An avatar sits in a room, alone. The walls are charcoal gray, the floors ashen cypress plank. She sits before a screen, with people appearing on it, gesticulating, drawing pictures, and mumbling through the window. In return, the avatar, in this case, one without an operator, tries to respond. One could almost imagine the huge sound / light array from Close Encounters of the Third Kind in the background, and the only thing missing is the sign language. But in this case, one might be led to ask who is the interpreter, and who is the alien, and whether there is any hope for understanding...
For Gazira Babeli’s Acting as Aliens, native “code artist” Babeli isolates herself in a cubicle, with the only link to the outside world being a video window connected to a webcam into a gallery in Slovenia. Both the subject and object are placed out of context, and are left across the table from one another, left to try to make a connection with one another. What we are left with is the primordial reflection of the Other in each other’s eyes, and forced to resolve the matter, what emerges from the dialogue?
Talking with an alien requires untold layers of translation through endless social protocols, representations, and local grammars (tools, gestures) as well as metastructures like written languages. For this installation, one might be inclined to give up hope, as Gazira is as opaque as any character on any screen.
There are concessions that Gazira has that make the situation hopeful. She will talk to you; she will try to reach out to you. But will you understand one another, or is the entire exercise like trying to understand the idioglossia (secret language) between twins from the outside? Is it like trying to determine whether Schroedinger’s Cat  is still alive without opening the box? There are come concessions to this in that all con-versants possess a more or less human form, use anthropomorphized, and share a written language using a latin character set. There are already a myriad of commonalities between you and Gazira that it seems that one may not need a Rosetta Stone. If you draw a cat, she might know it is a cat. If you wave, she may wave back. There is already some groundwork in place when one includes the similarity of language devices, embodied form, and so on. But recent discoveries in animal cognition reveal that the gulf between us is wider than we ever imagined.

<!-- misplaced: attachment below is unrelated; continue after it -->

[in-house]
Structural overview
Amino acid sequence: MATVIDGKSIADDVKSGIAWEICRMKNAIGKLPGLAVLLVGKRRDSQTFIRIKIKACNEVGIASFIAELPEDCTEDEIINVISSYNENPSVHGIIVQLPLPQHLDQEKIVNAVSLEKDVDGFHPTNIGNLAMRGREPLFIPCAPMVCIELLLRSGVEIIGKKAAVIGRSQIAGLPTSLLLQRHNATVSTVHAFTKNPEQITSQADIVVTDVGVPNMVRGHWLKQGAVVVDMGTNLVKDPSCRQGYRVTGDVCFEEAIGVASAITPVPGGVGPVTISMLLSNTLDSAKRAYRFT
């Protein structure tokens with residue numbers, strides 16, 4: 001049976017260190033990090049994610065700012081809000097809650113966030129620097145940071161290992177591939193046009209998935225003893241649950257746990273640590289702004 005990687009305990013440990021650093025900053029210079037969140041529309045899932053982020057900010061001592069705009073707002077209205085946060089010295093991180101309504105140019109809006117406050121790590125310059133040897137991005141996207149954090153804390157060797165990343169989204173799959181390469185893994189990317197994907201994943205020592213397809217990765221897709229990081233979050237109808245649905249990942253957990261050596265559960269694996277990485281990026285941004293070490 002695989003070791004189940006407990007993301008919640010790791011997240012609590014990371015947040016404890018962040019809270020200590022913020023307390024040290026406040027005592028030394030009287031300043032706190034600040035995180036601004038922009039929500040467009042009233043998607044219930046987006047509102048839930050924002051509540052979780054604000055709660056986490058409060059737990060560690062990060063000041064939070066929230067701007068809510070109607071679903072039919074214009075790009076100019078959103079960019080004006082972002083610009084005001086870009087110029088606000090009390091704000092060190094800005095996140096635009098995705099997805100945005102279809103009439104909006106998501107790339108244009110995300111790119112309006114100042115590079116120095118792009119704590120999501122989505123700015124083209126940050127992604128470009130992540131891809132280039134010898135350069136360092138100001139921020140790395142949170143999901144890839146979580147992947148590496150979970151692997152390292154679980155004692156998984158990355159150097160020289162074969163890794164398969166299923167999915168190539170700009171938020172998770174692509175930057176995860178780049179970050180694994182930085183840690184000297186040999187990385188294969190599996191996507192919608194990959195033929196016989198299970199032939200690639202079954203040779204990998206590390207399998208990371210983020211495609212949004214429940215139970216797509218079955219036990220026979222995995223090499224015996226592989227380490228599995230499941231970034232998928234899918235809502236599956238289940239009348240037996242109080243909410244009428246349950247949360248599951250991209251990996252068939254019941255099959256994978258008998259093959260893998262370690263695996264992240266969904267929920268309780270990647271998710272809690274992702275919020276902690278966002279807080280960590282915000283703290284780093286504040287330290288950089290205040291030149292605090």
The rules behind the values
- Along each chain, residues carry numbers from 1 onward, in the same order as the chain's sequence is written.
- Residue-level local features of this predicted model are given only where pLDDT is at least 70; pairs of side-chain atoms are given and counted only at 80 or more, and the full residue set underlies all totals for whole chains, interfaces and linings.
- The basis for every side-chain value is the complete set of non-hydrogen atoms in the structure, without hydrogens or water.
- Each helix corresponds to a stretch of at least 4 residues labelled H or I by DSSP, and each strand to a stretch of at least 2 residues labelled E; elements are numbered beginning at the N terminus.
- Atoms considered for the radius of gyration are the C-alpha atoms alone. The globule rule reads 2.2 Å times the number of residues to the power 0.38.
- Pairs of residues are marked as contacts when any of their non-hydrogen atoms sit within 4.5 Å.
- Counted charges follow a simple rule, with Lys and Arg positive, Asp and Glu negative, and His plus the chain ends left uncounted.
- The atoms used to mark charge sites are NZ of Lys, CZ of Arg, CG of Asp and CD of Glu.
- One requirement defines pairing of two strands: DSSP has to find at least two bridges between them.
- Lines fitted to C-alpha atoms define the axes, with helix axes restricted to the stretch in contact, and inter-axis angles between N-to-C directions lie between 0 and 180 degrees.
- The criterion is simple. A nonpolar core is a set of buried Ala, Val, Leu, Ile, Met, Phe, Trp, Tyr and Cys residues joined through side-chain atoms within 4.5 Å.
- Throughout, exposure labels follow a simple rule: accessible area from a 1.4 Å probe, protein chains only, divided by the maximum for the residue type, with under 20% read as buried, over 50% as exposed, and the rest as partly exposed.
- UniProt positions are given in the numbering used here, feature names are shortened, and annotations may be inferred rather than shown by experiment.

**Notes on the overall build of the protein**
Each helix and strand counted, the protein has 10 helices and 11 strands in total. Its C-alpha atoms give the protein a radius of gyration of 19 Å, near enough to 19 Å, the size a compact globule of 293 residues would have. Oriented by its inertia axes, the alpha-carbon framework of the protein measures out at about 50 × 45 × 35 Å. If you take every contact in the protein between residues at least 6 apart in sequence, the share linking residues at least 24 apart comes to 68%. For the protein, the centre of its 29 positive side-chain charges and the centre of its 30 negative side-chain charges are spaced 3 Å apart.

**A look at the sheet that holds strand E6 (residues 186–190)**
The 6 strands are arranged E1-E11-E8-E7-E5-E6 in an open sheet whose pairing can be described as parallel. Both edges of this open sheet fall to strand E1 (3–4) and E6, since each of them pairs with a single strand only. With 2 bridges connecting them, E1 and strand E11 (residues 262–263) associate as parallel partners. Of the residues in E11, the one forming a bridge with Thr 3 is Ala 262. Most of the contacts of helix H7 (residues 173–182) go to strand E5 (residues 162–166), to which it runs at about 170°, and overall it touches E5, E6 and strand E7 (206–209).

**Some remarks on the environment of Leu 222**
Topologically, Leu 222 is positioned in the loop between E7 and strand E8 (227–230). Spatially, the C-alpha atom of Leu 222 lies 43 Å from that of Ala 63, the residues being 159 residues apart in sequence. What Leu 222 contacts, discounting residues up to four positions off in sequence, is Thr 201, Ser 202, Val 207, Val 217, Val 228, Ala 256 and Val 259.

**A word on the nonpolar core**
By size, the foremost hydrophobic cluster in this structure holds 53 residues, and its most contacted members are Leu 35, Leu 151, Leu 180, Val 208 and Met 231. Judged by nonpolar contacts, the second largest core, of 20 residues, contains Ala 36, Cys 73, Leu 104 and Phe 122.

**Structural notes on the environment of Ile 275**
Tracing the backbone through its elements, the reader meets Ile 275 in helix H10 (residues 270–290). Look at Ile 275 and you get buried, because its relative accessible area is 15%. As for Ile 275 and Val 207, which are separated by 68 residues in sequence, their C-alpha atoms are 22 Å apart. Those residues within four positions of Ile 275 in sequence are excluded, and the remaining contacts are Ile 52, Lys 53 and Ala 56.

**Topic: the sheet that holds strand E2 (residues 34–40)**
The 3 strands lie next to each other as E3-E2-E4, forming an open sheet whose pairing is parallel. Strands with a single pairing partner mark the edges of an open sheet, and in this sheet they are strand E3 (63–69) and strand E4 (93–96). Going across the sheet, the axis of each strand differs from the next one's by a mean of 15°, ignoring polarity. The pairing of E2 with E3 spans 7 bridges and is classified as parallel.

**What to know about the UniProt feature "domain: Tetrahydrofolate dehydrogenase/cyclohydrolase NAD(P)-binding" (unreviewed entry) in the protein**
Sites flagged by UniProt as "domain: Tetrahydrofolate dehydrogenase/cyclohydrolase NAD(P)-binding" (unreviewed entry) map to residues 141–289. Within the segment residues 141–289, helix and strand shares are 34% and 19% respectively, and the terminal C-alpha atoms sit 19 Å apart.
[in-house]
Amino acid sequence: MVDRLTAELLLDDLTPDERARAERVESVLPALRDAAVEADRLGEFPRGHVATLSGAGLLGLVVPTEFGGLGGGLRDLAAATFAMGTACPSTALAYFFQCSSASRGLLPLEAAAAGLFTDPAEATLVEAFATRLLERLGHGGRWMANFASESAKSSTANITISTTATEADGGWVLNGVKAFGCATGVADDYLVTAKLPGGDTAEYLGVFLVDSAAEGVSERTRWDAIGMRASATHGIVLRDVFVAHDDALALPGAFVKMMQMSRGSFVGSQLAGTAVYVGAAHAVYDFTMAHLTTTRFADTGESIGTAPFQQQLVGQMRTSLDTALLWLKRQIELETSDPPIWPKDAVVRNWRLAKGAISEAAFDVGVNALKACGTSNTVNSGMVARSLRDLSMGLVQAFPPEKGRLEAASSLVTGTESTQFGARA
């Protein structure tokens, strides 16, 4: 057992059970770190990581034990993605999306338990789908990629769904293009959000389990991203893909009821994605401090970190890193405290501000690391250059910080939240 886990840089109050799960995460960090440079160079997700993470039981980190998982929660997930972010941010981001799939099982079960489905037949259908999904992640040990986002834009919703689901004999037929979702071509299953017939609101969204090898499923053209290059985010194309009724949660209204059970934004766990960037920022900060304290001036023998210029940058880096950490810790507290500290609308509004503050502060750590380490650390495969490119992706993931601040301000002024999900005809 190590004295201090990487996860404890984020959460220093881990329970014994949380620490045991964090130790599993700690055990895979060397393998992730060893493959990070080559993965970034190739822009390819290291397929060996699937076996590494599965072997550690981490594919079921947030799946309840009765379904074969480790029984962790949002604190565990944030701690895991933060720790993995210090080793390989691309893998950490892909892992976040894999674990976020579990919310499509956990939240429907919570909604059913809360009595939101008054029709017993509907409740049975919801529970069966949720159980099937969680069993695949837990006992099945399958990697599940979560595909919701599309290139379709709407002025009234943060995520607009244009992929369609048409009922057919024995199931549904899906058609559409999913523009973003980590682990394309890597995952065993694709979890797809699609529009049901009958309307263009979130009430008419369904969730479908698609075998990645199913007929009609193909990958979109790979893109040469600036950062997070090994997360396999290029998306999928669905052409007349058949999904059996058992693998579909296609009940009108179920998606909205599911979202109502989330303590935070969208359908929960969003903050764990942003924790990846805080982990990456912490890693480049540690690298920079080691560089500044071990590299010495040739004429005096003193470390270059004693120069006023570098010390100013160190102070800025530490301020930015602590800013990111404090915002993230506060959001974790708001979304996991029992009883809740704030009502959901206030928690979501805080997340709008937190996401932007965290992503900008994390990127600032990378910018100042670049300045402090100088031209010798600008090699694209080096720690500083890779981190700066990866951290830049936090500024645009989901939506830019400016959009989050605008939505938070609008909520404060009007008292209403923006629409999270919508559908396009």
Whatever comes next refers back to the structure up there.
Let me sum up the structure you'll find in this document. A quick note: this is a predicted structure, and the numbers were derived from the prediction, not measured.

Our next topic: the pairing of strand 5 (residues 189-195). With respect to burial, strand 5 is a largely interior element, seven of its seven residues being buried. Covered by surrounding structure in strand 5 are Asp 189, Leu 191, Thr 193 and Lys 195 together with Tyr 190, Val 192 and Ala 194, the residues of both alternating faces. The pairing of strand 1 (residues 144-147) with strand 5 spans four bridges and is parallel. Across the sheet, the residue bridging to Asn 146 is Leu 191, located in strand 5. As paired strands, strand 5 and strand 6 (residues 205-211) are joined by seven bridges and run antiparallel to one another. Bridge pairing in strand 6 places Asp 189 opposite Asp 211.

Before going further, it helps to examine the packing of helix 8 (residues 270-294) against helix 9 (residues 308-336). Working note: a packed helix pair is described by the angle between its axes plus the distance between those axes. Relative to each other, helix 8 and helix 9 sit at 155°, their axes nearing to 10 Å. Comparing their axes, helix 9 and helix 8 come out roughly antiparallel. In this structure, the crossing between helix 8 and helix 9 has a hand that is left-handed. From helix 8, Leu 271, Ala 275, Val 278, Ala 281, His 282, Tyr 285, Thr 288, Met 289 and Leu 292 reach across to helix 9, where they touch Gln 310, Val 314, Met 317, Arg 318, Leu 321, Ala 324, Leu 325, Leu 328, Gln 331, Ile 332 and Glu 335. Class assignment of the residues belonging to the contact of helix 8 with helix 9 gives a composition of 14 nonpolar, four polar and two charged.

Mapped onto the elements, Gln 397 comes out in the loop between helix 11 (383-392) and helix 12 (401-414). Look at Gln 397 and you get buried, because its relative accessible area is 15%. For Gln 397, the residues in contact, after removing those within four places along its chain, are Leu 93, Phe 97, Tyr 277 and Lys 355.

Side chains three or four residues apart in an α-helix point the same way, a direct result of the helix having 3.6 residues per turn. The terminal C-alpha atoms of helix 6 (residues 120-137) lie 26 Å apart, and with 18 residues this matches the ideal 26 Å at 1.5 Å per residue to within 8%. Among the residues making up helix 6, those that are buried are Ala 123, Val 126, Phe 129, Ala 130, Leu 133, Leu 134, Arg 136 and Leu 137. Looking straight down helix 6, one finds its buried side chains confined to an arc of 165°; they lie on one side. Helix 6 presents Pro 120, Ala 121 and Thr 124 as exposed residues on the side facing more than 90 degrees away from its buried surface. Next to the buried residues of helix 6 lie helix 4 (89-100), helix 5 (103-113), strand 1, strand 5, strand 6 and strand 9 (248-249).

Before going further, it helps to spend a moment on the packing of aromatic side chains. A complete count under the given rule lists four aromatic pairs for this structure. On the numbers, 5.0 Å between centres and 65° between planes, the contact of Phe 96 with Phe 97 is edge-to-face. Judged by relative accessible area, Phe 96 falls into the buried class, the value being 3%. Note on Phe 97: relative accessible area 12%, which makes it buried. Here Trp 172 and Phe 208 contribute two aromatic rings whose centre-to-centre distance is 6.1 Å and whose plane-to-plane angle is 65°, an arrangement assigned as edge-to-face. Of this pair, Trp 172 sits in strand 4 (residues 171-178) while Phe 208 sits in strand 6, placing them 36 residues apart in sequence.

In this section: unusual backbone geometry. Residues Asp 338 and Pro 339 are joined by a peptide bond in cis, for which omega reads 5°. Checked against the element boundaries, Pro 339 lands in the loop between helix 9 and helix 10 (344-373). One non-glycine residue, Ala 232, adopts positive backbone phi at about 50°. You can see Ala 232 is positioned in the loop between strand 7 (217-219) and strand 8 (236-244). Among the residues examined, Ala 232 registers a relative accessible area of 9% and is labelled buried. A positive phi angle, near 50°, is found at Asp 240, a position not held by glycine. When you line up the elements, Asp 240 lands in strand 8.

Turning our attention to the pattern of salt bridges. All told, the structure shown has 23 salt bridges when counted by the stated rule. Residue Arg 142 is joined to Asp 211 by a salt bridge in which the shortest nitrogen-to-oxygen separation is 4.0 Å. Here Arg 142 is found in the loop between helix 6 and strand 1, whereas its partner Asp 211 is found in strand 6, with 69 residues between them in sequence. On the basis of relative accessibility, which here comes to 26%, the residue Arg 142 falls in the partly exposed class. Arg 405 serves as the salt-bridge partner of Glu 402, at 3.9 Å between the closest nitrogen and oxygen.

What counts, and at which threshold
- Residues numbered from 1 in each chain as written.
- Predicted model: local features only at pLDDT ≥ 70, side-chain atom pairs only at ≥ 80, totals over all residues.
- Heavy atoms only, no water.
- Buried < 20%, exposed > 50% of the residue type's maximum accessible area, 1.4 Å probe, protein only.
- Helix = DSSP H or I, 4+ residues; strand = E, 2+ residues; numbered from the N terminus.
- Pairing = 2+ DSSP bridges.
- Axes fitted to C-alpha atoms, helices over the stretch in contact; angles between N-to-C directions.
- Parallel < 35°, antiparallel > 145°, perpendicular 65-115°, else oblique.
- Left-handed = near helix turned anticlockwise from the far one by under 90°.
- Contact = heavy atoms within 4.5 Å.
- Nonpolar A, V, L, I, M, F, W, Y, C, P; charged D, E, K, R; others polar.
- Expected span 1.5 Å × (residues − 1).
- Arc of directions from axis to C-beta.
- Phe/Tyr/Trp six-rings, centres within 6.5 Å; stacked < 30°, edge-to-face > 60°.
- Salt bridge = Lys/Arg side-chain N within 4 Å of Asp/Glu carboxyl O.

Throughout the 1990’s Irene Pepperberg  has been doing groundbreaking work in the area of animal cognition with her gray parrot Alex. She learned that Alex was able to understand the concept of zero, which is hard for some children, and express fear of predators outside the house even with the blinds closed, which reveals abstract thought. In addition, Temple Grandin’s work  with animal consciousness and autism in her design of more humane slaughterhouses proves how little human beings understand about the consciousness of other beings, or one another, for that matter. You know, when I look into my little Siamese cat’s eyes, I know there’s a thought process there. I have learned her clicks and trills, and although we are of a common culture, but have different languages and different types of consciousness, we have learned to translate, and we have an understanding. But the fact that after tens of thousands of years of civilized development, we have only now begun to learn that other beings on our earth think and feel is nothing less than the realization that African natives were indeed human, and their art entered art museums rather than natural history museums. As a species, humanity has a long way to go. And when confronting an obviously advanced species as Gazira (Homo Virtualis), will she consider you human? I know her well enough to think that she will.
Returning to the black room, the negotiation continues. Gazira shows a stick figure drawing of a boy under a sun, the person on the other side of the screen, shows a picture of a cat. An anvil falls from the sky inside the room. What was that? Nothing? Don’t worry... Let’s keep talking.